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Communities for Equity v. Michigan High School Athletic Assn

    Brief Fact Summary. An association brought a class action suit against a High School Athletic Association alleging gender discrimination in violation of Title IX. The High School opposed class certification.

    Synopsis of Rule of Law. Before certifying a class, a district court must conduct a “rigorous analysis” into whether the prerequisites of Fed. R. Civ. P. 23 are met such that a class is not maintainable merely because the complaint parrots the legal requirements of Rule 23.

    Facts. Plaintiffs brought this suit against the Michigan High School Athletic Association (Defendant), alleging that they were excluded form opportunities to participate in interscholastic athletic programs and received unequal treatment and benefits in those programs. Plaintiffs filed a motion for class certification, asking the court to define the class as “all present and future female students” enrolled in Defendant’s schools that participate in interscholastic athletics or are deterred from participating because of Defendant’s discriminatory conduct.

    Issue. This case concerns when a district court should grant a plaintiffs’ motion for class certification.

    Held. The Plaintiff’s motion for class certification was granted. Before certifying a class, a district court must conduct a “rigorous analysis” into whether the prerequisites of Fed. R. Civ. P. 23 are met. A class is not maintainable merely because the complaint parrots the legal requirements of Rule 23. A hearing prior to the class determination is not always required. Rule 23(a)(1)’s numerosity requirement is satisfied by numbers rendering joinder impracticable. Rule 23(a)(2)’s requirement that there are questions of law and fact common to class members requires common issues the resolution of which will advance the litigation. When the nature of the legal claims are such that individuals would have to submit separate proofs to establish liability, class actions are disapproved. However, the presence of individual questions need not defeat certification. Once it is determined that there are common questions of law and fact as to a legal claim, differences in damages sustained by class members will not usually defeat certification. Rule 23(a)(3)’s typicality requirement mandates that the class representative’s claim be typical of other claims against the defendant. Associations may act as class representatives. The mere fact of some distinctions between the particular claims of named plaintiffs and diverse manifestations of discrimination alleged her is insufficient to extinguish typicality. Rule 23(a)(4) requires that the class members and their counsel be prepared to provide fair and adequate representation to the class. Representatives must have common interests with unnamed members of the class, and it must appear that the representatives will vigorously prosecute the interests of the class through qualified counsel. Adequacy of representation is also measured by the quality of class counsel. Injunctive relief is an appropriate request for relief in a class action.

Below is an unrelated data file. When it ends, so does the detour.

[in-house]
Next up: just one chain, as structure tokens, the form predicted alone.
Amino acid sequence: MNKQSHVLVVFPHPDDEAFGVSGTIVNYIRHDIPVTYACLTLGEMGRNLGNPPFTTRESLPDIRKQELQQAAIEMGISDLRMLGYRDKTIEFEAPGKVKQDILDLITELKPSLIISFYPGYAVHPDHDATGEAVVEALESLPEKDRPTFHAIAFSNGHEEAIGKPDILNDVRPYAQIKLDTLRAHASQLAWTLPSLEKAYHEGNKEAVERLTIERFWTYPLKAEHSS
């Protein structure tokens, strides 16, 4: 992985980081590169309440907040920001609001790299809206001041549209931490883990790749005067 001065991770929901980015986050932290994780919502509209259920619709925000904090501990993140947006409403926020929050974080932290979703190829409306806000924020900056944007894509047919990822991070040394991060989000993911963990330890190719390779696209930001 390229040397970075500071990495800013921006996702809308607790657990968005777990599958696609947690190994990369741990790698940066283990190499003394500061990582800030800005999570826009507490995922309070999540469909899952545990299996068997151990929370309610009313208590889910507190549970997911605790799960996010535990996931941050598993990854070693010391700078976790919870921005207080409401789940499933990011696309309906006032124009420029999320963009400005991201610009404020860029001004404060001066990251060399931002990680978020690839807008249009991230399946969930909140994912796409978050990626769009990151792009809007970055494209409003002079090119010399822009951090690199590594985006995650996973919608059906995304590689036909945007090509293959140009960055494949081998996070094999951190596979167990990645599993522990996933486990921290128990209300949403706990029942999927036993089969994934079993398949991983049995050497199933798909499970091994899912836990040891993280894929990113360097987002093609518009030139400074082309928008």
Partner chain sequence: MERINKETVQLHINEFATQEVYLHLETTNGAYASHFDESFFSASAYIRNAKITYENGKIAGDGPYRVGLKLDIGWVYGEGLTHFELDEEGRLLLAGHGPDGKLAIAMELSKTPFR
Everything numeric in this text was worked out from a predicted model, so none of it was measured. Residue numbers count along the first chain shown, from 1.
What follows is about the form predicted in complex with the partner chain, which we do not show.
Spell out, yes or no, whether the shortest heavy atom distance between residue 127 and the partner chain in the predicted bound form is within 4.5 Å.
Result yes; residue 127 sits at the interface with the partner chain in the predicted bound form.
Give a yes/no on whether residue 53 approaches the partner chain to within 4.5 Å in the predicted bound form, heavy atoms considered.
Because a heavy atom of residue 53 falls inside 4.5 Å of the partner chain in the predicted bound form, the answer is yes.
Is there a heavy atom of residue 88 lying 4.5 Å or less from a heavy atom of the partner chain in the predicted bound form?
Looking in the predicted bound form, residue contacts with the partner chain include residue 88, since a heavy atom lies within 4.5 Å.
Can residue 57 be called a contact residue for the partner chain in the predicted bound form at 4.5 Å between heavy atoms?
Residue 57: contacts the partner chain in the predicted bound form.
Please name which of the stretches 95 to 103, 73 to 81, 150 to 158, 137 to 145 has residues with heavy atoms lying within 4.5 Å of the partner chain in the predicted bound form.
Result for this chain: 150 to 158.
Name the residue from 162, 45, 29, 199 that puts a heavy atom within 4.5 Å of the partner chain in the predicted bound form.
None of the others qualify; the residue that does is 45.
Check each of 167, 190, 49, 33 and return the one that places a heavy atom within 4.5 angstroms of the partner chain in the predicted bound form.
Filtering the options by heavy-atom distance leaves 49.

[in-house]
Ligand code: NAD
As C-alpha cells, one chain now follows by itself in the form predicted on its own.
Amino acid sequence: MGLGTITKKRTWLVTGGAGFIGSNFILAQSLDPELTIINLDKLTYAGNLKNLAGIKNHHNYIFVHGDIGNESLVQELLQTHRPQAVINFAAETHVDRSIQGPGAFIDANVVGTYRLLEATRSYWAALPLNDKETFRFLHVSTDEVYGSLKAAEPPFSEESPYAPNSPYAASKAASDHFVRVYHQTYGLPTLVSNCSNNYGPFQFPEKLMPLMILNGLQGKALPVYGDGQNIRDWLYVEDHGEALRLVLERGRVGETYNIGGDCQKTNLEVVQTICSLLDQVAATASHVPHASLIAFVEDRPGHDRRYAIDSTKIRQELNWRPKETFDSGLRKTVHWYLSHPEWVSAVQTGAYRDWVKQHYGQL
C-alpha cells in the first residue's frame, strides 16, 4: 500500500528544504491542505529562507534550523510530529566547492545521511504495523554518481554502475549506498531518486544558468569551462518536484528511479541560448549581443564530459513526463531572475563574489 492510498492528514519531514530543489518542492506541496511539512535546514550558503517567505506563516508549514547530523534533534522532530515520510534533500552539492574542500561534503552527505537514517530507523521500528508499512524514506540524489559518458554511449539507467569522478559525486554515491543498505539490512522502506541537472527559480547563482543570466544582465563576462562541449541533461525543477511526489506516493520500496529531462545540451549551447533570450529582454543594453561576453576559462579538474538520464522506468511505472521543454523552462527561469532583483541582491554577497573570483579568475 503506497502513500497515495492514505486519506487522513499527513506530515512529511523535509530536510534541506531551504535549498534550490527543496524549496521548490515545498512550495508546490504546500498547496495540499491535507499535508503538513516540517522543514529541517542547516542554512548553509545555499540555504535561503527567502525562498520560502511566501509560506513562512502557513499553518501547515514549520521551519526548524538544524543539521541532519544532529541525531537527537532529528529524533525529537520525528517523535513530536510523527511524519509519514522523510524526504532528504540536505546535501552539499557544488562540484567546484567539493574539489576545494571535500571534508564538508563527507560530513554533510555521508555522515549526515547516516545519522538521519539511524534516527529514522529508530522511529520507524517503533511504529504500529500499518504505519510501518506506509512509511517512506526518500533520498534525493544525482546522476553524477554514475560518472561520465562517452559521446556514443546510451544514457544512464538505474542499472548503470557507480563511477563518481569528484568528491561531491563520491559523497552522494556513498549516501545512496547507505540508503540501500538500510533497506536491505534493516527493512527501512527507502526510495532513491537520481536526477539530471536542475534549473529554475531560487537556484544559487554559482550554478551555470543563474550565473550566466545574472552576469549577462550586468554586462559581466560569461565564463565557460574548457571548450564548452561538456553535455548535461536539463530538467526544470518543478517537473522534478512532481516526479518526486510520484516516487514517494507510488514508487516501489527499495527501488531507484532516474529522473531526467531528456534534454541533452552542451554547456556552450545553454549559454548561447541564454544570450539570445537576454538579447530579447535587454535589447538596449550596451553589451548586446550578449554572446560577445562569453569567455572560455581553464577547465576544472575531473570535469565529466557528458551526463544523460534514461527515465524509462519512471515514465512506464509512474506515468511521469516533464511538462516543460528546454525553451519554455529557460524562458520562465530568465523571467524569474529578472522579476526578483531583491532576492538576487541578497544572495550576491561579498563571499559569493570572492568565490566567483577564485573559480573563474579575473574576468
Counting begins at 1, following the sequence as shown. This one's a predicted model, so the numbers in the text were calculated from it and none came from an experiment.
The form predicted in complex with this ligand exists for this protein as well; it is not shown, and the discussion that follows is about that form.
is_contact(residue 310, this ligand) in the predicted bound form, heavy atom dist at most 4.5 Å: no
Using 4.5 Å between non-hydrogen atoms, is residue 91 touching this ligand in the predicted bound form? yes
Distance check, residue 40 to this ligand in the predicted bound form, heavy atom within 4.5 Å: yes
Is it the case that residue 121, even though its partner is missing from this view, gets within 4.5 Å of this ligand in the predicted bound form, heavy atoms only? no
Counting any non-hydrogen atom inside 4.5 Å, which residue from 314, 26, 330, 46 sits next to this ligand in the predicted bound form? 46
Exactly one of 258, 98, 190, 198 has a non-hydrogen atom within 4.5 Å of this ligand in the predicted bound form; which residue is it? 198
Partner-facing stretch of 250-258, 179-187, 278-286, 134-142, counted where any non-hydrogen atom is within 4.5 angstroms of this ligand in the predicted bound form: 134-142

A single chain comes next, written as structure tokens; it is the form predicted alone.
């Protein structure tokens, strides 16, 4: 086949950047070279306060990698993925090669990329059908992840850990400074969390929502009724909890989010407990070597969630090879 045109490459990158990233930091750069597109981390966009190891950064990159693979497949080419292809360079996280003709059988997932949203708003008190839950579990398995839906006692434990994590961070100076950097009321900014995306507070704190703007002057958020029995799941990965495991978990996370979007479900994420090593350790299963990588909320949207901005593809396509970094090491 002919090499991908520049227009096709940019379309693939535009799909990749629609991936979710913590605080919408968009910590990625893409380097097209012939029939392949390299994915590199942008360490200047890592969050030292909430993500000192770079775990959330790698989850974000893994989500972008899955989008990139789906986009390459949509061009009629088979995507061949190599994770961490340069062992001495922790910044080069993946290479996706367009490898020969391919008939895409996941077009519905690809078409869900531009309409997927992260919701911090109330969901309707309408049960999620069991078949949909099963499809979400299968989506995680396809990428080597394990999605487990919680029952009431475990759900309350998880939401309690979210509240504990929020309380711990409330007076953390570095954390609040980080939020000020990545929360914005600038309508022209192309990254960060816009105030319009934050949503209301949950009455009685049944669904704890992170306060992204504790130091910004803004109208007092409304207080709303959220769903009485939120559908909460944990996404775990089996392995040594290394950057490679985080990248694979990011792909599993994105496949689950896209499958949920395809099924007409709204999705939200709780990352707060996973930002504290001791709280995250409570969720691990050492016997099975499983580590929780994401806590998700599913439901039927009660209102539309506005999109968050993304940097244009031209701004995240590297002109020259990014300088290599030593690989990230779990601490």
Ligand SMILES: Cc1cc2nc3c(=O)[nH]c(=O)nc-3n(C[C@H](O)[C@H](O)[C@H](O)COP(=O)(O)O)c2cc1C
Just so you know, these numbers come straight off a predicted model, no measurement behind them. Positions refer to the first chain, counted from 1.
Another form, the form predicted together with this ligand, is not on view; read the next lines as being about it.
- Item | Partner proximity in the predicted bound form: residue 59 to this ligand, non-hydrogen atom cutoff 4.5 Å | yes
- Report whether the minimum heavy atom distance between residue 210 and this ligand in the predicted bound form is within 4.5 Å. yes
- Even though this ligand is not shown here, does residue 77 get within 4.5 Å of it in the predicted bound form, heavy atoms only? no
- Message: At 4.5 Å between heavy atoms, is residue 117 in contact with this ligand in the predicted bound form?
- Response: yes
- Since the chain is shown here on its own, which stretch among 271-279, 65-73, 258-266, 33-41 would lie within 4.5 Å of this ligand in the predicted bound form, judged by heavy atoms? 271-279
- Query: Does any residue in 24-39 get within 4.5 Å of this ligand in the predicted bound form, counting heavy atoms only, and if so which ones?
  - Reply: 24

Discussion. This case can be read plainly as an example of the analysis a district court will render in assessing an application for class certification.


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